What he didn't say and should have said is, "Here is the complete set of plans on how to do it." That would have let partisans address specifics and not left them free to make up their own disasters.
Those interested in redistributing income should consider private ownership an essential feature of a government-legislated pension plan. It would establish one of the biggest social wealth-redistribution plans in the United States, since the institution of the federal income tax. The lower workers are on the socio-economic scale, the greater the relative financial benefits that accrue to them and their families.
With such private accounts, longevity doesn't matter. You can live as long as you like without endangering your benefits. Guaranteed, they belong to you, and after you, to your family, with no strings attached.
The old system should be allowed to run out completely, paying all promises on the books now. Borrow if necessary to complete the process. In the new plan, safety-net benefits related to premature disability or early death and dependents should be funded by ad hoc borrowing in the credit markets until sufficient reserves and actuarial experience accrue. Until then, a moderate premium charge may be levied to build reserves and amortize related debt. Safety-net benefits may be set at some fixed multiple of median wages or average annual consumer spending.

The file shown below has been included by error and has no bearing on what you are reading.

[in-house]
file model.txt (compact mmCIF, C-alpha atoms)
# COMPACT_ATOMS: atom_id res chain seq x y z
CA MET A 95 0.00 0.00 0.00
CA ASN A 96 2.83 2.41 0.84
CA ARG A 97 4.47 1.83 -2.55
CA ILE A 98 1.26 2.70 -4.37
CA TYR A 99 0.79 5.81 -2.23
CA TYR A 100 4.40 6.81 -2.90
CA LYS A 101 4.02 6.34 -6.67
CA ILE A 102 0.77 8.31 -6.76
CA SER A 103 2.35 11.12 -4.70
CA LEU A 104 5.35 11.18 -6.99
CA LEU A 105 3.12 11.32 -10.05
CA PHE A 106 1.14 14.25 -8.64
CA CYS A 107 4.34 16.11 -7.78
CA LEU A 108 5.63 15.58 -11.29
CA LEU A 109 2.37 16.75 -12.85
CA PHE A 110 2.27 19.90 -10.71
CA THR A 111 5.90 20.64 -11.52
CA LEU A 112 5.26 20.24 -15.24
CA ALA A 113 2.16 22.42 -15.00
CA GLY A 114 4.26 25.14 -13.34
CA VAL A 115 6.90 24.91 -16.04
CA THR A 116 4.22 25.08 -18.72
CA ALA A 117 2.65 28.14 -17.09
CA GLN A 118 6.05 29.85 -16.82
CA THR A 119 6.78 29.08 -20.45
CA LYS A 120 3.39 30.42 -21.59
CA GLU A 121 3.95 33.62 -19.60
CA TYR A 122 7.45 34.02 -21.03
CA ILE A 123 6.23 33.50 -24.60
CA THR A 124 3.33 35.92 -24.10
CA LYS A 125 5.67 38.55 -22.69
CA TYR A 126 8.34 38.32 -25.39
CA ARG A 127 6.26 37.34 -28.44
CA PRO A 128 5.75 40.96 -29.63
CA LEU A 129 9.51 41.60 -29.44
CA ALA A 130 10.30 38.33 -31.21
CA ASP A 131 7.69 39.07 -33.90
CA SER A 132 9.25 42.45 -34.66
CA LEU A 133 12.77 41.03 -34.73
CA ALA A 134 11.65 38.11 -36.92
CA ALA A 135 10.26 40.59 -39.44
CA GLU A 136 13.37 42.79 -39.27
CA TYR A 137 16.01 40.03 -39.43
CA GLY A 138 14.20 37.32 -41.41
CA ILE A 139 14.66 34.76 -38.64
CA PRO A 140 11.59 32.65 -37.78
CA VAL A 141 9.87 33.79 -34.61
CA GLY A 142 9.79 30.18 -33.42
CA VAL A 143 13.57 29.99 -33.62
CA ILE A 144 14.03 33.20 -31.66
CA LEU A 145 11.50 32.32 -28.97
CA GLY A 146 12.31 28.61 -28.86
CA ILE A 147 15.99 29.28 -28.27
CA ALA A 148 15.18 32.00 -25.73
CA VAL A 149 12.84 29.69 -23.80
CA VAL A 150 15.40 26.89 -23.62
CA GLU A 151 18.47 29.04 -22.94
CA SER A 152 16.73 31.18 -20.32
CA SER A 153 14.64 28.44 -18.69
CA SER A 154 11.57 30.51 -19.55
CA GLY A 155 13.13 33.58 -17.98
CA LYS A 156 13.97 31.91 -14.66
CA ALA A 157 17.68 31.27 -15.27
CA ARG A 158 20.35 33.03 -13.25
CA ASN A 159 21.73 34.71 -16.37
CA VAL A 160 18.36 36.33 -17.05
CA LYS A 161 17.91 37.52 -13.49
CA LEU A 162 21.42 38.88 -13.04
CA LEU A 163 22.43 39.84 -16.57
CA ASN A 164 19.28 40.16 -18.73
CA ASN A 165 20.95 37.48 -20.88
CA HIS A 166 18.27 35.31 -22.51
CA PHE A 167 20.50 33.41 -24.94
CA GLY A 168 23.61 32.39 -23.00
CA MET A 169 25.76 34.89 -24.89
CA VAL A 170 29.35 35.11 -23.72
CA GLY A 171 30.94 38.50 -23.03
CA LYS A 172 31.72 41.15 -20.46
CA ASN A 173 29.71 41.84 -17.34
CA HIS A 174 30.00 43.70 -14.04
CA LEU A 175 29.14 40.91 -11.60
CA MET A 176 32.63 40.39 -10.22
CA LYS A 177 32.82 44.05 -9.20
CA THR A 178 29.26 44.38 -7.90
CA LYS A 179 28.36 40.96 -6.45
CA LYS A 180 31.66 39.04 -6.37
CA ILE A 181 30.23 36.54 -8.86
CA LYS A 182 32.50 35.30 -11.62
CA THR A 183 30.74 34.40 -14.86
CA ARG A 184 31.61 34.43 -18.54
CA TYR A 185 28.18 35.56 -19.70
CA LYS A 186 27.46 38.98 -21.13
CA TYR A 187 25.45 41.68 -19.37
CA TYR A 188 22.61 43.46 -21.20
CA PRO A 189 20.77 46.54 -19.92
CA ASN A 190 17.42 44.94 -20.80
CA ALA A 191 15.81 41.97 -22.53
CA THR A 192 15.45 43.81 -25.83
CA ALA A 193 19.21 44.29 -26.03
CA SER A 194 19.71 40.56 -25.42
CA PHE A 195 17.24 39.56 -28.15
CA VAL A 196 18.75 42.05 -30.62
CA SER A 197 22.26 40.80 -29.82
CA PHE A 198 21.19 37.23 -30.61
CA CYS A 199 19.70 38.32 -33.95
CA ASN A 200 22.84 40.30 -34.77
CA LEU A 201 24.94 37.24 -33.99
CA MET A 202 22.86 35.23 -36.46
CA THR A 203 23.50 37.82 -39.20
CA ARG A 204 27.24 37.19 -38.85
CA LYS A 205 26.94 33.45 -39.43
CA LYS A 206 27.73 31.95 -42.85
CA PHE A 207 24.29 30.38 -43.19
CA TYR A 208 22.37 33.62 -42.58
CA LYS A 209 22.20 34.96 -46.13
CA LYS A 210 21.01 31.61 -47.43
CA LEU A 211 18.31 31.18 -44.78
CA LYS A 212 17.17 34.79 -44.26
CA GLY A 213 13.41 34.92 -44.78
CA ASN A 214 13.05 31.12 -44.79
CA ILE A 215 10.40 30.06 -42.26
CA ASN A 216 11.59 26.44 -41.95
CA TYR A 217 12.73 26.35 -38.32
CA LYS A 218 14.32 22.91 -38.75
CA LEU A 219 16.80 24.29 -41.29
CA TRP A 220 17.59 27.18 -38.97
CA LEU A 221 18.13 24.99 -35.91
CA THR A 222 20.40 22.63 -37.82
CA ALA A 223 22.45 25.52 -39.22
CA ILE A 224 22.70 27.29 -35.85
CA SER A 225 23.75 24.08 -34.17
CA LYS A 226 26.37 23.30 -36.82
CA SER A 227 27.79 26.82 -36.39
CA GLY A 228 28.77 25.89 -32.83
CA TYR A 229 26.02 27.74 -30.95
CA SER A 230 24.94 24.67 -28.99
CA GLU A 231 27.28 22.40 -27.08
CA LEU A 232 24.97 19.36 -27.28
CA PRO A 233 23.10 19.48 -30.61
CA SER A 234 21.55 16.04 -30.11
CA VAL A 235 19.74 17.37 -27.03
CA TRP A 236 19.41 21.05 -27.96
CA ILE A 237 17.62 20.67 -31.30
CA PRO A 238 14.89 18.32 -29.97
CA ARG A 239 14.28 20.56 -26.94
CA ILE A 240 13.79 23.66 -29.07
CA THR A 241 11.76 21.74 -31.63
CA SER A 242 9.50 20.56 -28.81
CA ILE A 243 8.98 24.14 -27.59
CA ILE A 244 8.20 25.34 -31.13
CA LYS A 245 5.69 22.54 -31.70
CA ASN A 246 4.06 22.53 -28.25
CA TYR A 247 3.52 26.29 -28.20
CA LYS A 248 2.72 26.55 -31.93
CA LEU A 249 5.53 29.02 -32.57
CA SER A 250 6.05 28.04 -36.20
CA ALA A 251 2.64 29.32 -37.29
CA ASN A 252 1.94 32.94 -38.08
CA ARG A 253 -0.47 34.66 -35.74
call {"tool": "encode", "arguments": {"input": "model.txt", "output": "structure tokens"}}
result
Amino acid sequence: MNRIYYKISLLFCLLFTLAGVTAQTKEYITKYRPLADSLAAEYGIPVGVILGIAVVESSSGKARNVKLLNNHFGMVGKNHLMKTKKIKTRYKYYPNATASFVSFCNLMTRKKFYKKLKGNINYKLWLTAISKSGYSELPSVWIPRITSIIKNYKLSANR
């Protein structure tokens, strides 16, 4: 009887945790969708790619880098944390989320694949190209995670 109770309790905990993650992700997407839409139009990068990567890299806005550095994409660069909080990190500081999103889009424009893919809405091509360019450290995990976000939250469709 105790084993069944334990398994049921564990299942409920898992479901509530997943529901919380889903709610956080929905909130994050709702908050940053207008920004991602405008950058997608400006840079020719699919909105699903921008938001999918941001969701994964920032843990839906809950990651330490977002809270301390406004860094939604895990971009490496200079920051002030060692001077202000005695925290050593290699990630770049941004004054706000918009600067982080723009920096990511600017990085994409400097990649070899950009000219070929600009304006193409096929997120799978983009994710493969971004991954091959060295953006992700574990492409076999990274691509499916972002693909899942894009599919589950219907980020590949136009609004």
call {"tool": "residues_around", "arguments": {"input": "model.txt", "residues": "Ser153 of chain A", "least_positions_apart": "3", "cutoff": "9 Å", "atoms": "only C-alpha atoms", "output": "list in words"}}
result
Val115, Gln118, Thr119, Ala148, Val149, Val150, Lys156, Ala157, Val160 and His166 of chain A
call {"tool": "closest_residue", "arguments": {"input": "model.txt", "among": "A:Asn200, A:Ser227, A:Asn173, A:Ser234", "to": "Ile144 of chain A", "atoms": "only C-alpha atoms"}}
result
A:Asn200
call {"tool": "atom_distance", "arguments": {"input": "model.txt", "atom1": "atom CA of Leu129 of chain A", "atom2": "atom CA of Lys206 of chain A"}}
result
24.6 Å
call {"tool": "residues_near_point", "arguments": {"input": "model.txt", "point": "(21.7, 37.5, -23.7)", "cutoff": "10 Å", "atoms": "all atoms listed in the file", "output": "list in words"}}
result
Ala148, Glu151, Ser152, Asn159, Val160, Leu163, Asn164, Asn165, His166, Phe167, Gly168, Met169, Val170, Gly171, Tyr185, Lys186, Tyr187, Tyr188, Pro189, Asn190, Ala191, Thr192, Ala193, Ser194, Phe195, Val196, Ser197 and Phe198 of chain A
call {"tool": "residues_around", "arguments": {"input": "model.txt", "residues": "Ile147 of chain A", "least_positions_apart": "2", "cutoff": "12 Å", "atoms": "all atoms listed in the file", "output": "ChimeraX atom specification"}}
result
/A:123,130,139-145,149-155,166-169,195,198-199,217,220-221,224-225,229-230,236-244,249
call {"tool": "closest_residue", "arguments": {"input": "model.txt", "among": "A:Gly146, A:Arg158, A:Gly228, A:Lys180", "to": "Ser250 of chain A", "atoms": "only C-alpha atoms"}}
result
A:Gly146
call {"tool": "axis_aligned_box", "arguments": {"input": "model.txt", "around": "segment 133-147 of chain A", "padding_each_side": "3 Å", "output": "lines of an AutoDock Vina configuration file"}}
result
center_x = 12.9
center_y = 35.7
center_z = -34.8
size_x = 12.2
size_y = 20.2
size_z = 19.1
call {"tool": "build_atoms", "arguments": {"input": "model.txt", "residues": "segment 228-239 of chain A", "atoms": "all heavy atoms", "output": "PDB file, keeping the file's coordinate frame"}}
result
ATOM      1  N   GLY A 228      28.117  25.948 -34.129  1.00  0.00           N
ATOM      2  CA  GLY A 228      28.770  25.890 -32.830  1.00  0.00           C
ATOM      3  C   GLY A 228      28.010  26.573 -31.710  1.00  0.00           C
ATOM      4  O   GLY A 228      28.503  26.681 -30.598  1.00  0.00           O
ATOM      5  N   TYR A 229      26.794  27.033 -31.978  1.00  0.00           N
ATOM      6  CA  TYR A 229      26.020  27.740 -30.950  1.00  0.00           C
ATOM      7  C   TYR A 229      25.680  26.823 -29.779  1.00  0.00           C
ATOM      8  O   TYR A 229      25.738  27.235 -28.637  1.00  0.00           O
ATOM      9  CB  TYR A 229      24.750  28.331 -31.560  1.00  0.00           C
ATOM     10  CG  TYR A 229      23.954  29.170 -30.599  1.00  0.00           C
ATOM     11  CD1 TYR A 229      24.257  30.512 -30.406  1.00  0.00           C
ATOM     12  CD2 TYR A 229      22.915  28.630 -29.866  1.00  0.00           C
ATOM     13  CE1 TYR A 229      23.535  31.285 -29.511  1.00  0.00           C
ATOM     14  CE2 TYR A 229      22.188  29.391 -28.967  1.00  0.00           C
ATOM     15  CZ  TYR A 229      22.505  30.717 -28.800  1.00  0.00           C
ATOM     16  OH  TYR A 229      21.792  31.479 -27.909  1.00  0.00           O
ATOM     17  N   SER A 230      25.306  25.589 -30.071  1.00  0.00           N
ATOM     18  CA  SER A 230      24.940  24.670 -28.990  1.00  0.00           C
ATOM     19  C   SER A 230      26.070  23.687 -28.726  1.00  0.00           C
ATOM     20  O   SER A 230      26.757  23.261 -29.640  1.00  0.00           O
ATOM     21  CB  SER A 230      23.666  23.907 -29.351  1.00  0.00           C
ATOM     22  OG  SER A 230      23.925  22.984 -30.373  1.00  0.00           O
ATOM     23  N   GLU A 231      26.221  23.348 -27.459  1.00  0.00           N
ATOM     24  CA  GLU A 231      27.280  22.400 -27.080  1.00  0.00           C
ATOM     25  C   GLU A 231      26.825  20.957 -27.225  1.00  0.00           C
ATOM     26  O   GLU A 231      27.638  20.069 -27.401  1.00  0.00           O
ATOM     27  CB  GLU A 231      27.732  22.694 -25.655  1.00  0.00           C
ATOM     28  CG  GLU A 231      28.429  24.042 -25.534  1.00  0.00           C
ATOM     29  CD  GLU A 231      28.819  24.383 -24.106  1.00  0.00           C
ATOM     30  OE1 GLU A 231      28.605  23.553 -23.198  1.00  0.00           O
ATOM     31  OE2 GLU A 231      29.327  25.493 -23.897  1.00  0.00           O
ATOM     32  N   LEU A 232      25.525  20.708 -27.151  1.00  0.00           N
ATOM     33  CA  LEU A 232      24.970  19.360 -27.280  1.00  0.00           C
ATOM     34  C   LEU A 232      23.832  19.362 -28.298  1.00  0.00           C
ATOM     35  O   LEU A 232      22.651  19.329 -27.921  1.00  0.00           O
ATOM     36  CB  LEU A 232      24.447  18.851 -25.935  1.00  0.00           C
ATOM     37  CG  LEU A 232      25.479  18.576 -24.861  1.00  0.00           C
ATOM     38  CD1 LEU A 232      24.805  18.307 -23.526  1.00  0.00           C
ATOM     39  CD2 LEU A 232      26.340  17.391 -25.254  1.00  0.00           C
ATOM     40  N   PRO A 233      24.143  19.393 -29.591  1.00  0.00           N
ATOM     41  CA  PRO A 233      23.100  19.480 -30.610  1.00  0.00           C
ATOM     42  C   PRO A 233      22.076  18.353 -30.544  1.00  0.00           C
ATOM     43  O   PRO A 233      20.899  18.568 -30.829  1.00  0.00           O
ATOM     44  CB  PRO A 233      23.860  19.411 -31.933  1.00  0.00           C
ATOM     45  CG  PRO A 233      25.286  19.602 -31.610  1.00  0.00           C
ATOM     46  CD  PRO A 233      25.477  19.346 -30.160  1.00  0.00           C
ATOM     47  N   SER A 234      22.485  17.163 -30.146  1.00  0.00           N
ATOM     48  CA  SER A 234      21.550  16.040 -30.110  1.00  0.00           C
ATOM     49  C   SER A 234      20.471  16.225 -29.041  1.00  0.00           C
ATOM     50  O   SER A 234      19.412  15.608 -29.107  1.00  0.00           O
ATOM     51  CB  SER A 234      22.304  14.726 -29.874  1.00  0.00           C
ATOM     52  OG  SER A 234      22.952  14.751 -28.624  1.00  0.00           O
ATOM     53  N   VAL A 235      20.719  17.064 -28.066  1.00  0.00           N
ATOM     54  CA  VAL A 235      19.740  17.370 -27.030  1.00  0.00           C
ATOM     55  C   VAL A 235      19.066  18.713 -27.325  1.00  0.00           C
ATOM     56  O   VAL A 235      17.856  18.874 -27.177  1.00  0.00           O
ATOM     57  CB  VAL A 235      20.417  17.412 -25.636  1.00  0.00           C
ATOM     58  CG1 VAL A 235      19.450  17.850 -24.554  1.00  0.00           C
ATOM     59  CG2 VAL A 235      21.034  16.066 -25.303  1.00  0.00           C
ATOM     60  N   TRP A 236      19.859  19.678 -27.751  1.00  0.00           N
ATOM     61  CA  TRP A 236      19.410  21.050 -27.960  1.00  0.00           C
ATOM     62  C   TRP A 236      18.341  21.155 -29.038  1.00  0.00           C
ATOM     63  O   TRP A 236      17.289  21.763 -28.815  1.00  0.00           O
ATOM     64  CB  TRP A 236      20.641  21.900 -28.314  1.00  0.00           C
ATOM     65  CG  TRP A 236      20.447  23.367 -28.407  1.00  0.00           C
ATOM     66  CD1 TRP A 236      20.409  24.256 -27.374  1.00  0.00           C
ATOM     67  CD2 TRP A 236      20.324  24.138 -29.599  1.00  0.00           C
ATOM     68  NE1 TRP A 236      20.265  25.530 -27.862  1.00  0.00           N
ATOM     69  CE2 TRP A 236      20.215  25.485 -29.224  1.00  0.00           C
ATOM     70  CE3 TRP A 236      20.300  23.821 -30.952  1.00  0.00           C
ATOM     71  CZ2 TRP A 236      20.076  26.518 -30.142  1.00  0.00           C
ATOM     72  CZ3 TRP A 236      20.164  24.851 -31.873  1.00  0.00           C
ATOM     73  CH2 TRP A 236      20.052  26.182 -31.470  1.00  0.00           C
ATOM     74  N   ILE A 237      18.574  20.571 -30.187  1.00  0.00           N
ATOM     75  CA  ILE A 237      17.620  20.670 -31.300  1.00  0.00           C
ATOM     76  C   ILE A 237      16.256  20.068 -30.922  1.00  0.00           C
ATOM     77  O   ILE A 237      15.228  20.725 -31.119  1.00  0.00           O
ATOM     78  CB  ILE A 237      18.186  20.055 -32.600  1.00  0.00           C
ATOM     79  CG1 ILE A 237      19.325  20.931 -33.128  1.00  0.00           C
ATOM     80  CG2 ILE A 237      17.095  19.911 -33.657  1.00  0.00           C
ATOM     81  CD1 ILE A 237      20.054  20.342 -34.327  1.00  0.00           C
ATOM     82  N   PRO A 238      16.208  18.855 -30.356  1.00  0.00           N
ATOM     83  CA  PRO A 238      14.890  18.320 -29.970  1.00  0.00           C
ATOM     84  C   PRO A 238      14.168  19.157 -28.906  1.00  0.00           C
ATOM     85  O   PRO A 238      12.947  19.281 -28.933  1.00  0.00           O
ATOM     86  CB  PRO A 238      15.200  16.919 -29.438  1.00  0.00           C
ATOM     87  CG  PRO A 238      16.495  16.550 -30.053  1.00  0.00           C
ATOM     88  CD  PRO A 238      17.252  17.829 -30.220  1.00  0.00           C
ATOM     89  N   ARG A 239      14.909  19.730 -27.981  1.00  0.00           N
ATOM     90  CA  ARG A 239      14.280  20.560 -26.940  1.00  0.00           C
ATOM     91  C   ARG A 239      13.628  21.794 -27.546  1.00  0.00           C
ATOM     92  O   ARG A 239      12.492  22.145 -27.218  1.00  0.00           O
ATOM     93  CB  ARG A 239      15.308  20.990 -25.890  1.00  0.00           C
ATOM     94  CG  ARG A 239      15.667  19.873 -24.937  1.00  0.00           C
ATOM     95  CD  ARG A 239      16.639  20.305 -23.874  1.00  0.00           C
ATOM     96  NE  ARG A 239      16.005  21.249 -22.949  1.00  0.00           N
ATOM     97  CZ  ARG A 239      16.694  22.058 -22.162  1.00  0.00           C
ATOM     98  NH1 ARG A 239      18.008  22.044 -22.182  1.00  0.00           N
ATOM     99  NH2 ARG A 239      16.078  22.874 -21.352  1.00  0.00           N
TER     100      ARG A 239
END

President Bush didn't think big enough. The pittance of Social Security tax he would have allowed citizens to set aside for stock investing was inappropriate. Up to 100% (less a minor premium for safety-net reserves) should be permitted. Why restrict the freedom of choice of the owners by limiting the amount they can allocate to equities? Especially when the odds are so favorable for everybody, and the retirement benefits are guaranteed for all participants.
Actually, I was asking if I made it IBTZ. Apparently I did as this still hasn't been zotted!!
Disclaimer: Opinions posted on Free Republic are those of the individual posters and do not necessarily represent the opinion of Free Republic or its management. All materials posted herein are protected by copyright law and the exemption for fair use of copyrighted works.